Converting an equirectangular image to a cylindrical panoramic projectionWritten by Paul Bourke
Update (Aug 2018): Added panoramic vertical shifting.
The source code implementing the projections below is only available on request for a small fee. It includes a demo application and an invitation to convert an image of your choice to verify the code does what you seek. For more information please contact the author.
In what follows I describe software for extracting a cylindrical panorama from an equirectangular (spherical) projection. There are various reasons why one might want to do this, the driver here is creating images for large scale cylindrical displays. Diagramatically, for some displays and 360 cameras used by the author this diagram illustrates the geometry.Usage string
sphere2pano [options] sphericalimagename Options: -t n vertical FOV of panoramic, 0...180 (default: 45) -a n set antialias level, 1, 2 or 3 typical (default: 2) -w n width of the spherical image (default: 1024) -z n horizontal rotation angle (default: 0) -v n vertical rotation angle (default: 0) -f flip in longitude (default: off) -d enable verbose debugging mode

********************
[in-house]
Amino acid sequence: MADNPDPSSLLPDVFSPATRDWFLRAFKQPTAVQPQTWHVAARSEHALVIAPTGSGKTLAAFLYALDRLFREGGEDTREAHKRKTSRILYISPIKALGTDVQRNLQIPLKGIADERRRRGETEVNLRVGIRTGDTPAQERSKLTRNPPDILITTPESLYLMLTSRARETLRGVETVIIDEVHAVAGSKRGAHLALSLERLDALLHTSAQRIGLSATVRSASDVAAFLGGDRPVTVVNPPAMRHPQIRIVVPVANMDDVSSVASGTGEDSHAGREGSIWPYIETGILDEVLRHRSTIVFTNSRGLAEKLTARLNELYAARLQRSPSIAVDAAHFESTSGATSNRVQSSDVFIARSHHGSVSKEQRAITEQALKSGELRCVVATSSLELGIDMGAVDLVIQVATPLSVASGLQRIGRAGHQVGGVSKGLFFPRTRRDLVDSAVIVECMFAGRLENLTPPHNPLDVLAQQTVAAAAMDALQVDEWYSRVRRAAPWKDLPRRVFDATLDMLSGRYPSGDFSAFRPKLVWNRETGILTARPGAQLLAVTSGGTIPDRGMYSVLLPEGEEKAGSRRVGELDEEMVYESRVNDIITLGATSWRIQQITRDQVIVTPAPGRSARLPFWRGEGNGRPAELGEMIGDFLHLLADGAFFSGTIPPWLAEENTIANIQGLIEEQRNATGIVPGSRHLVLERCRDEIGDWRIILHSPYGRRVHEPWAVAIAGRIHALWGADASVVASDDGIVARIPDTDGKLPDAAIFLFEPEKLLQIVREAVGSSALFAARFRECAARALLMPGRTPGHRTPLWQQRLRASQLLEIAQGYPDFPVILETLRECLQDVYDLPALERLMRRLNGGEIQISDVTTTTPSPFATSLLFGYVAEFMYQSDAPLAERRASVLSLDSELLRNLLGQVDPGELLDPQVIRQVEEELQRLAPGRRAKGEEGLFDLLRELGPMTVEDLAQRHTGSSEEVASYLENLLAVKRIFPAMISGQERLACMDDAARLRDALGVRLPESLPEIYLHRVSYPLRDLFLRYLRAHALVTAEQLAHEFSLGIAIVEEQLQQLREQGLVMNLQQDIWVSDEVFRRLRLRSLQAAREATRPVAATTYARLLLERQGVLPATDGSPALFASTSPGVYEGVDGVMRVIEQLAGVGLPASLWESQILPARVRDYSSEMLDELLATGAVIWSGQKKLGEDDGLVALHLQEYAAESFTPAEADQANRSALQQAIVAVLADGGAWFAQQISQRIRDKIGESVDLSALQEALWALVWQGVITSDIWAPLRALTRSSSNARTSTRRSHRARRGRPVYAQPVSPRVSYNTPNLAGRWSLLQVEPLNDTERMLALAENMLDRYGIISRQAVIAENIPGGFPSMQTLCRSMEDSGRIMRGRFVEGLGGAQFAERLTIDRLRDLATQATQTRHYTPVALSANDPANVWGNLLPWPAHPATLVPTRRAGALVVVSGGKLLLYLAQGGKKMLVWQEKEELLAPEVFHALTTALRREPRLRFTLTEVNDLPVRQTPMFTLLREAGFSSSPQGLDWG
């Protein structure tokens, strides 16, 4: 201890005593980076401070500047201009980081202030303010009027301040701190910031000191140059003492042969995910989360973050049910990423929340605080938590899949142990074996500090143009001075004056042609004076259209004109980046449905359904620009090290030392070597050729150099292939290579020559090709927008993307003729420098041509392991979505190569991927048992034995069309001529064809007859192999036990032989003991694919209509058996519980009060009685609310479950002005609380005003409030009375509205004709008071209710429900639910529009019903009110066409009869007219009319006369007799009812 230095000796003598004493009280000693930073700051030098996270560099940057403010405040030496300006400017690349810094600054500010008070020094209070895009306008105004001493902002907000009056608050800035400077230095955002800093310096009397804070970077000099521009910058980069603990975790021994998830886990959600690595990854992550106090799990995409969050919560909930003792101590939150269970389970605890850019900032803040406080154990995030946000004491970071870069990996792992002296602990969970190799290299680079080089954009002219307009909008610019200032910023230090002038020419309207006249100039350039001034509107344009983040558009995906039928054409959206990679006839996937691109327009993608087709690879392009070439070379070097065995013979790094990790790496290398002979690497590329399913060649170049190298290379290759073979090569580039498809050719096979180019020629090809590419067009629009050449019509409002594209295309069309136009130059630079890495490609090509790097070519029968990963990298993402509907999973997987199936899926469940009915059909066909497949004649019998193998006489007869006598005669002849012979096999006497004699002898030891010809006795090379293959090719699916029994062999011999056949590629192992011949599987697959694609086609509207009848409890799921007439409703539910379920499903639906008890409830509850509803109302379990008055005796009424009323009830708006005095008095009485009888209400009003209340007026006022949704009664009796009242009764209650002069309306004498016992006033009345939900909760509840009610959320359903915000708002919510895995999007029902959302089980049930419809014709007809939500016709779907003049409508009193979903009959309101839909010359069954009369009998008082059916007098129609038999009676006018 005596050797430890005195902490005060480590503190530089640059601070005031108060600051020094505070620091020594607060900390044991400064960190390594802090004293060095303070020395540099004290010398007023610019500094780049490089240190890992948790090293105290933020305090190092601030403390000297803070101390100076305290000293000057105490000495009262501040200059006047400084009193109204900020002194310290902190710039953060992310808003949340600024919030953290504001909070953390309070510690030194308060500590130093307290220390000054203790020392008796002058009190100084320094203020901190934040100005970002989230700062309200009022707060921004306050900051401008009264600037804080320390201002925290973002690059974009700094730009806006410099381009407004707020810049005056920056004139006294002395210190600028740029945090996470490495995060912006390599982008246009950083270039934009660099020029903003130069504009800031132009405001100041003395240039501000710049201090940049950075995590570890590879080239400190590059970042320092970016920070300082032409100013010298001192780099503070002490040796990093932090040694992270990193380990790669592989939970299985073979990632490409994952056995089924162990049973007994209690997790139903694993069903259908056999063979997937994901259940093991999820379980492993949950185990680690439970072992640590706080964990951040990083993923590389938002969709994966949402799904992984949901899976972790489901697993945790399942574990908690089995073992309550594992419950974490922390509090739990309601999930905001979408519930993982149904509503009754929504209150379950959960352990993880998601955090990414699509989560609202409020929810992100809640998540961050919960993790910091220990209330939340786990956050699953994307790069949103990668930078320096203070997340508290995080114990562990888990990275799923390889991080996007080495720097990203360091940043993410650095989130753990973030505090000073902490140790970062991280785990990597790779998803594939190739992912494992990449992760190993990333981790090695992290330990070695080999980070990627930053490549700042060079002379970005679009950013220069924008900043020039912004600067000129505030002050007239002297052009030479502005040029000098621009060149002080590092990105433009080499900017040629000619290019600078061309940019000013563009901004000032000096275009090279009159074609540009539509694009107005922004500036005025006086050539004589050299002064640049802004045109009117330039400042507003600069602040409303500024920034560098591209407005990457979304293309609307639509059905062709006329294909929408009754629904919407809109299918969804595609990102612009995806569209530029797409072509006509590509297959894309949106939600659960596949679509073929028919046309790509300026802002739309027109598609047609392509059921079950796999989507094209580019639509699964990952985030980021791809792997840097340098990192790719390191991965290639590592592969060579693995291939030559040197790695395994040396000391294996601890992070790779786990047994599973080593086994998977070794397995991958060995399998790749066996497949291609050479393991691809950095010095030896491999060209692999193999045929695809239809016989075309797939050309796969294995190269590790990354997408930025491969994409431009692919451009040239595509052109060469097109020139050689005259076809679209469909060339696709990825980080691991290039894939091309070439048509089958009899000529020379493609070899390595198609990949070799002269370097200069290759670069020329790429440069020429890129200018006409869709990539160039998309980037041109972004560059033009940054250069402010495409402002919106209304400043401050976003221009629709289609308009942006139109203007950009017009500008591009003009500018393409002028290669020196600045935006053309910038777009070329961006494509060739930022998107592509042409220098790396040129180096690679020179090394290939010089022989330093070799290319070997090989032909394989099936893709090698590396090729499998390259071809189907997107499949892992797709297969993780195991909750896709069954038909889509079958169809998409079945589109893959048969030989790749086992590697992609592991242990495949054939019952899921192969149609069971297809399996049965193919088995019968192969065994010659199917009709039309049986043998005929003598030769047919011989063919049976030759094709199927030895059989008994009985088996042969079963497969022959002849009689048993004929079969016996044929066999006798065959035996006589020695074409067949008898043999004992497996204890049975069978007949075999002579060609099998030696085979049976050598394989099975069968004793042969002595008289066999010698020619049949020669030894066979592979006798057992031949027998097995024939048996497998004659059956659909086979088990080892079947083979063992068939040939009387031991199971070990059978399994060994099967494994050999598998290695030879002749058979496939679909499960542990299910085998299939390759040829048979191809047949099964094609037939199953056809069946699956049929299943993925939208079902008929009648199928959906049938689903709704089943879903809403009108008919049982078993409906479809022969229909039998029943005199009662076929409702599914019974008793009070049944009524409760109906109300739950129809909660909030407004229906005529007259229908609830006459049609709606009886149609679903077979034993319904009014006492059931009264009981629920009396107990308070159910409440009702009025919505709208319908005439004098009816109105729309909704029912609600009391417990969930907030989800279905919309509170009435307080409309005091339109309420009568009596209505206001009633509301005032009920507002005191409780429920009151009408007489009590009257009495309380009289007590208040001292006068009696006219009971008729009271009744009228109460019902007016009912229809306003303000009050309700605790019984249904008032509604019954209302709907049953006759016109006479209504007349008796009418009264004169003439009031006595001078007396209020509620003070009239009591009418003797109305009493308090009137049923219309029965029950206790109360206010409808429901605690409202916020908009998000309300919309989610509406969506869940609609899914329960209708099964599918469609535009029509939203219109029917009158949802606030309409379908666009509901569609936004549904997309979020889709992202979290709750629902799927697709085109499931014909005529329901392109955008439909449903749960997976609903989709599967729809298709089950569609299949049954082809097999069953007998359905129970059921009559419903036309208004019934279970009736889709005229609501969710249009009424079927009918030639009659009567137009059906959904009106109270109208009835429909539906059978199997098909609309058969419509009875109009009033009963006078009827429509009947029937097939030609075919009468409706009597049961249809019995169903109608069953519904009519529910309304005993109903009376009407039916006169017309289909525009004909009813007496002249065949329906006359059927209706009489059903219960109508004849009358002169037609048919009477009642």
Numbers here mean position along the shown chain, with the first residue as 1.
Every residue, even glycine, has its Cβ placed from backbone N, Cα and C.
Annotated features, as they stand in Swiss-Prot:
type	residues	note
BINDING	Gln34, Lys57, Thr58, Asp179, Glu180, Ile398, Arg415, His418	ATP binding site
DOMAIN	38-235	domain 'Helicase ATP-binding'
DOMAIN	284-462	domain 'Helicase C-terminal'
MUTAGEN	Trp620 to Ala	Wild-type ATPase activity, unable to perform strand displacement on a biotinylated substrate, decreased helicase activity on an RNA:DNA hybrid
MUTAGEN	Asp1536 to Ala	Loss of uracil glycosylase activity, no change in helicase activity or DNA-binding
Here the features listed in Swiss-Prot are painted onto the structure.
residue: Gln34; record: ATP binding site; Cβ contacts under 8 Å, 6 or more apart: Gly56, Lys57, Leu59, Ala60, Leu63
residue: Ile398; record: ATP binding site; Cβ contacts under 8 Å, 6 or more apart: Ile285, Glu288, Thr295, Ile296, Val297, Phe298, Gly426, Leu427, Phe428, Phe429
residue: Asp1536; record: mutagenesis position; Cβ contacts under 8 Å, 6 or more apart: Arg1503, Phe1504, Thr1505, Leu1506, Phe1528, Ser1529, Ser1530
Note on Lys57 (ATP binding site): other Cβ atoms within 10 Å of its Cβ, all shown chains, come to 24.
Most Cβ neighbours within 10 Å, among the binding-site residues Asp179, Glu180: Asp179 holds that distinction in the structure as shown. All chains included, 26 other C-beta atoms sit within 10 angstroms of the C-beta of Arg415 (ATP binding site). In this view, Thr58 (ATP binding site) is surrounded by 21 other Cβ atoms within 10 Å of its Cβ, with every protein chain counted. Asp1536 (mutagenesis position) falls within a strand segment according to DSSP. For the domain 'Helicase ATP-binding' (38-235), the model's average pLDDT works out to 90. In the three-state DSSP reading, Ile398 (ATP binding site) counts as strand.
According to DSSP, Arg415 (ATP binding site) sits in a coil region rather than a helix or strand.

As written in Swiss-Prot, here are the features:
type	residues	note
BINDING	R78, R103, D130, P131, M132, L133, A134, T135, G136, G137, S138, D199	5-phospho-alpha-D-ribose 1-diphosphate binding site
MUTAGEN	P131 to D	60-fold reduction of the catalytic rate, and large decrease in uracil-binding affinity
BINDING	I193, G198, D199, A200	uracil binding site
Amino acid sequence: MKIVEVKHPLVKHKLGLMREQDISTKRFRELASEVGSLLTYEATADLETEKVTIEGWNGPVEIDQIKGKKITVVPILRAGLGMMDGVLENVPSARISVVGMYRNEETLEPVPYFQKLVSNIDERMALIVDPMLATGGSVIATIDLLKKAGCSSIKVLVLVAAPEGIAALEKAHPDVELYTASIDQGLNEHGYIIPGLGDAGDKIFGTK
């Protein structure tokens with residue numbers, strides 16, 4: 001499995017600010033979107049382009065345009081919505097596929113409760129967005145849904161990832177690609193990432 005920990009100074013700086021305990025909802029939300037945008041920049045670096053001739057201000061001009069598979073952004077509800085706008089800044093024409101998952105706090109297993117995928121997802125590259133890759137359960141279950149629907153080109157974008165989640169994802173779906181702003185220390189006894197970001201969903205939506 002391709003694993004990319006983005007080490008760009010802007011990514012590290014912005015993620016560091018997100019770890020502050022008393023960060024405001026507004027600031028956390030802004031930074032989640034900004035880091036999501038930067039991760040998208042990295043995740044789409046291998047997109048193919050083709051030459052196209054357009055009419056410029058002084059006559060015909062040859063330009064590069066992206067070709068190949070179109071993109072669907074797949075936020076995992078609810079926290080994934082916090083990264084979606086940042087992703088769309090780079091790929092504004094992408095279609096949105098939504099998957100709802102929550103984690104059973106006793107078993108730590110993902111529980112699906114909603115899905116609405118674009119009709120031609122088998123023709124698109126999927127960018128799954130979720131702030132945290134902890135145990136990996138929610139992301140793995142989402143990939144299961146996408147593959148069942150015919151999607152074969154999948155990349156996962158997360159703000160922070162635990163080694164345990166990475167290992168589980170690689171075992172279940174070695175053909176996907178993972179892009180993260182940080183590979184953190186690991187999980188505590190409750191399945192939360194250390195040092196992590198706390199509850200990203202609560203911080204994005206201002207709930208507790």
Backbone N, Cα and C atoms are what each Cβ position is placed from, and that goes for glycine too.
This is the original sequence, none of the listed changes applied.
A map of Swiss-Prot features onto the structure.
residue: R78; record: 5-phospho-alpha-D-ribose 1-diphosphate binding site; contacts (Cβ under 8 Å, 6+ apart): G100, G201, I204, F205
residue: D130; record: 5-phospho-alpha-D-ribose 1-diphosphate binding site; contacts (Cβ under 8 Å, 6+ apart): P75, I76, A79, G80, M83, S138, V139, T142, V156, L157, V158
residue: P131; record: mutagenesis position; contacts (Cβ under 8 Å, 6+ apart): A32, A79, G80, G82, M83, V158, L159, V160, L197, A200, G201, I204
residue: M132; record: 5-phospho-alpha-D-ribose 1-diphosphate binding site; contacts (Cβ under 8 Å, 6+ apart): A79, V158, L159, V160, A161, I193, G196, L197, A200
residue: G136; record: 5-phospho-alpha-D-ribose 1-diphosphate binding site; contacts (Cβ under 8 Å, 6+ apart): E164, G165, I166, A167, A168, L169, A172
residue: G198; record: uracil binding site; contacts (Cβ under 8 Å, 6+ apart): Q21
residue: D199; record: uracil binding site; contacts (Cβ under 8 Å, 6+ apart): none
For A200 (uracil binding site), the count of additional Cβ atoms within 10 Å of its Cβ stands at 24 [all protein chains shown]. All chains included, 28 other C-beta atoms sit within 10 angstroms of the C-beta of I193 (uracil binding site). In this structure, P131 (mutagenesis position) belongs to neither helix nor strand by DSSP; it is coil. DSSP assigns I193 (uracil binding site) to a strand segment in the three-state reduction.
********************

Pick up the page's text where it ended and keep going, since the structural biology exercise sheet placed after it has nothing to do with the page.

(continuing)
Like an equirectangular projection, the horizontal axis of a cylindrical panorama is equal steps of longitude. However the vertical axis resembles a perspective projection. As such, while an equirectangular can represent from -90 to 90 degrees in latitude, a cylindrical panorama becomes increasongly inefficient after about 140 degrees vertical field of view (FOV).
The following equirectangular will be used to illustrate the basic transformations.
The following is a 45 degree vertical FOV.
sphere2pano -w 4096 sample.jpg
The following is a 70 degree vertical FOV.
sphere2pano -w 4096 -t 70 sample.jpg
As is usual with such mapping the process is performed in reverse, that is, one considers each pixel in the output cylindrical panorama and computes the best estimate in the input image, the equirectangular in this case. Antialising is performed here using a straightforward supersampling of each output pixel.
To illustrate the vertical shifting consider the following which was filmed using the Obsidian R 360 camera.
The following are increasing vertical offsets from 0 (first) to 30 degrees (last), the vertical FOV in each case is 50 degrees.
sphere2pano -w 4096 -t 50 -v 0 sample.jpg
sphere2pano -w 4096 -t 50 -v 10 sample.jpg
sphere2pano -w 4096 -t 50 -v 30 sample.jpg